Why JavaScript is an OOP Language (Even Though It Doesn't Have Classes)

marinbenc🐧 on September 18, 2018

You probably know how OOP works. The class Dog inherits from class Animal, which means that if you have a Dog you access methods from Animal. Thi... [Read Full]
markdown guide

I think the defining characteristics of object-oriented programming are: encapsulation, polymorphism, and inheritance.

JavaScript does not use classes. It has prototype based inheritance, rather than class based inheritance. (Yes, I know, ES6 has classes. But that's just syntactic sugar for JavaScript's prototype based inheritance. It isn't the class based inheritance as in C++, C#, or Java.)

That does not make JavaScript any less an OOP language. Does make it different (PBP, as describe). Some relationships are easier to express in JavaScript. Some are harder to express.

Regardless of a developers OOP language of choice, the onus is still upon the developer to use the language well to achieve encapsulation (or modularity), to appropriately use polymorphism, and to judiciously apply inheritance (class-based or prototype-based, depending on language).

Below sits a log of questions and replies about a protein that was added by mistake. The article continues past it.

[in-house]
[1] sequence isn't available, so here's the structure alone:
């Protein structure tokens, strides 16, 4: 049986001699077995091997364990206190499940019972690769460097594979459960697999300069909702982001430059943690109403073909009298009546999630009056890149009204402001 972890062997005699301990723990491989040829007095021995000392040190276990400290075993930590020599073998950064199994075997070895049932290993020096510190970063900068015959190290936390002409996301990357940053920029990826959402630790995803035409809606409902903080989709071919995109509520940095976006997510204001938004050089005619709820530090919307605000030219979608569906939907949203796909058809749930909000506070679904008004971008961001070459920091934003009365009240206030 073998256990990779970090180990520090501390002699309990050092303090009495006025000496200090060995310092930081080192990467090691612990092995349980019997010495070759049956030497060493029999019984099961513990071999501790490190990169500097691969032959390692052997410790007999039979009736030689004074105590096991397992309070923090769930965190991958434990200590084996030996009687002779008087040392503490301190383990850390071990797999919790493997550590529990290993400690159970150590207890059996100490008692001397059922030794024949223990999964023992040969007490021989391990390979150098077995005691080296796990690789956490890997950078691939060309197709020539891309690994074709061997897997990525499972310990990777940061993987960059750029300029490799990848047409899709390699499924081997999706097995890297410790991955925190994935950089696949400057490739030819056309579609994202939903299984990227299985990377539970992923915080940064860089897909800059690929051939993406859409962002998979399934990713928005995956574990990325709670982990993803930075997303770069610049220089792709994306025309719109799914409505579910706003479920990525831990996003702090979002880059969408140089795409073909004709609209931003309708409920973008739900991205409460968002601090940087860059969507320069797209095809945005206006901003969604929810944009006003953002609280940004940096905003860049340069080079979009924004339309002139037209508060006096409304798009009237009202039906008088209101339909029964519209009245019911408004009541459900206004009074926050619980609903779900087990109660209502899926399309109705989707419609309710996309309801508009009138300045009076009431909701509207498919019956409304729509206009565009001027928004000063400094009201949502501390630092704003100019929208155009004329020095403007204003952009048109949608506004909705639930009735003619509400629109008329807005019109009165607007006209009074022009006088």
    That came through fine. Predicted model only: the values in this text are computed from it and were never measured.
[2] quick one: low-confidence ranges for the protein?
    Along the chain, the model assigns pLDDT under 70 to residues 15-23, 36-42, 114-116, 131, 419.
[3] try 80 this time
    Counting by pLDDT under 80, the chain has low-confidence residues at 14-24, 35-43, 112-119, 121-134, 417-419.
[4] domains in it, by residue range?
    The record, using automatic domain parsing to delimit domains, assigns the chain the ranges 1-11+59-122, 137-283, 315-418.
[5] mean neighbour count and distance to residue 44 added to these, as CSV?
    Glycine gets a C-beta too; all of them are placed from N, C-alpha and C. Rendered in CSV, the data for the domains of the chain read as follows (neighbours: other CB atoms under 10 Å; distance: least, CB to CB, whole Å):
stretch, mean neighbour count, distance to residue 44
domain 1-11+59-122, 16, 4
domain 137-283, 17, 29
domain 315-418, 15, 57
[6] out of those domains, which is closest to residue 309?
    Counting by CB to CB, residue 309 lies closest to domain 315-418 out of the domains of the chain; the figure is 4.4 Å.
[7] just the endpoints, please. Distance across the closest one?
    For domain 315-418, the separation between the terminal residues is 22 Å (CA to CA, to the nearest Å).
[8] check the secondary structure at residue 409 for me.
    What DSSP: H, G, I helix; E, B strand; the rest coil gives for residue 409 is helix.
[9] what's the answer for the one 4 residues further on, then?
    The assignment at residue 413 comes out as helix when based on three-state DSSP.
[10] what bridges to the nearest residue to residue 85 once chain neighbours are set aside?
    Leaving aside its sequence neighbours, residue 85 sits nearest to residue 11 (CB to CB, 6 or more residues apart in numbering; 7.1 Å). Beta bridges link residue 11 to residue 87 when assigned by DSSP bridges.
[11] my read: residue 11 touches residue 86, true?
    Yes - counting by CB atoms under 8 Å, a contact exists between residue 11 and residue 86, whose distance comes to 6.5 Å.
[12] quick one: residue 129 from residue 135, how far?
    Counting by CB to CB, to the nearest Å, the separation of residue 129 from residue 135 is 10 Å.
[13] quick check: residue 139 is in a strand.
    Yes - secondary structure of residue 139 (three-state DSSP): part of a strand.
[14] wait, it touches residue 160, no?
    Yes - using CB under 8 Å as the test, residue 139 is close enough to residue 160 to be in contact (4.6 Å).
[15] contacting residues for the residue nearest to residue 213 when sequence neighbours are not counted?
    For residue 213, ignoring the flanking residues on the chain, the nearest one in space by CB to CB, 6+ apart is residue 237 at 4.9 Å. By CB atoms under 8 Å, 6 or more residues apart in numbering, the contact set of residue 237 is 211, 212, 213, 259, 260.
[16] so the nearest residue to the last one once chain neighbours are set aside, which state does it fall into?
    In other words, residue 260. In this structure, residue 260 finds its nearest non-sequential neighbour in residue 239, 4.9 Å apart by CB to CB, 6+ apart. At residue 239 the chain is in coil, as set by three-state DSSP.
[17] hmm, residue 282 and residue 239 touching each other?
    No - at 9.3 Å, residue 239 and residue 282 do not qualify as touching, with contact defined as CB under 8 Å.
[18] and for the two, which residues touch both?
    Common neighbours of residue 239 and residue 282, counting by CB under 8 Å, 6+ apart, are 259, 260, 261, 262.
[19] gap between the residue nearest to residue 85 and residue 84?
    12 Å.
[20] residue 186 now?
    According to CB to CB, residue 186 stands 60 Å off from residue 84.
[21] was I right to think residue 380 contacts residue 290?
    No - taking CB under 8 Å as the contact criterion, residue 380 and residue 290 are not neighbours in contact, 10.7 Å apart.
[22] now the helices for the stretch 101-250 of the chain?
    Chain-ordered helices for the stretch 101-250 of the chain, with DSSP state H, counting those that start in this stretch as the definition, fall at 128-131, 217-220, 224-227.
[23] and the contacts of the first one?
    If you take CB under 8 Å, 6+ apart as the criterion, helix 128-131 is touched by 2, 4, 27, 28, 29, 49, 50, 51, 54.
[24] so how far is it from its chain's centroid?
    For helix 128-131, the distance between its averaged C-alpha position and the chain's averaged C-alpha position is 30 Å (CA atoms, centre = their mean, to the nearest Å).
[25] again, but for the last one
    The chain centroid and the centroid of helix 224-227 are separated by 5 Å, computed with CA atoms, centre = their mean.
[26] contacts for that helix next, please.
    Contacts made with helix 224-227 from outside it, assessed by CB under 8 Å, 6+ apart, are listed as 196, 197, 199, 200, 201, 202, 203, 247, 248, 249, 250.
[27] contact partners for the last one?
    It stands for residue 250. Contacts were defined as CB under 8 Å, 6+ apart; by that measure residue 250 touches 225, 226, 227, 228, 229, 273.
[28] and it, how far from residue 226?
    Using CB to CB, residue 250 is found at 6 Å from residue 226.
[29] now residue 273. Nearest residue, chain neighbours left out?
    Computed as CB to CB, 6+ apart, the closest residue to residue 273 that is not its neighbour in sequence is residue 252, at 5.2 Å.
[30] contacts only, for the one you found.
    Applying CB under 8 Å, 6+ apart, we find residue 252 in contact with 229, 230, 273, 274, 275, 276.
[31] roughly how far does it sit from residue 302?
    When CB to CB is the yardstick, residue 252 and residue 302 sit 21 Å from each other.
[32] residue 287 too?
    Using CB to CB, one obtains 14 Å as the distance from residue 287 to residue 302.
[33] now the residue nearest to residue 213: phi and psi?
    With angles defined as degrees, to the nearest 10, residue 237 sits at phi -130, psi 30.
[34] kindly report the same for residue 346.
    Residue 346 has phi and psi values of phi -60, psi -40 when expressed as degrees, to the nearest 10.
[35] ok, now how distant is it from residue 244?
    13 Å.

In my experience, encapsulation is sometimes neglected causing high-coupling of parts, with very poor cohesion or poor modularity -- which makes unit testing arduous if not nigh impossible. Inheritance is often used where instead composition would be a far better choice. Inheritance is sometimes abused to achieve reuse of the parent (or prototype) functionality rather than used as a polymorphism facility by the caller of methods of a family of objects who provide the same interface (the same contract of behavior).

None of those kinds of issues is the fault of the programming language (JS, C++, C#, Java, or whatever)

DISCLOSURE: I programmed in TypeScript for 2 years. I've got some mileage under my belt in the JavaScript space.


Javascript (since ES6 I think) also has classes-based OOP. For example :

class Polygon {
  constructor() {
    this.name = "Polygon";

var poly1 = new Polygon();


I'm guessing that, behind the scenes, it's still PBP.


JS is object-oriented, yes. But it isn't class-oriented. The fact that there is a prototype chain is usually not very relevant in practice, but when it does make a difference, it's going to bite you in places you never realized that problems could emerge there. In particular modern web frameworks (React, Redux...) have shown how OOP is used in JavaScript, which is: not at all. 99% of the time you work with plain objects (as in: prototype is object, no methods, only public fields). If you receive a JSON string from an Ajax call, what do you do? Json.parse(...) it. Do you perform any DTO transformation? Or even set a prototype? Nah, too much of a hassle, "let's just use the data". To me this is a strong indication that OOP in JavaScript has way too many hassles and quirks.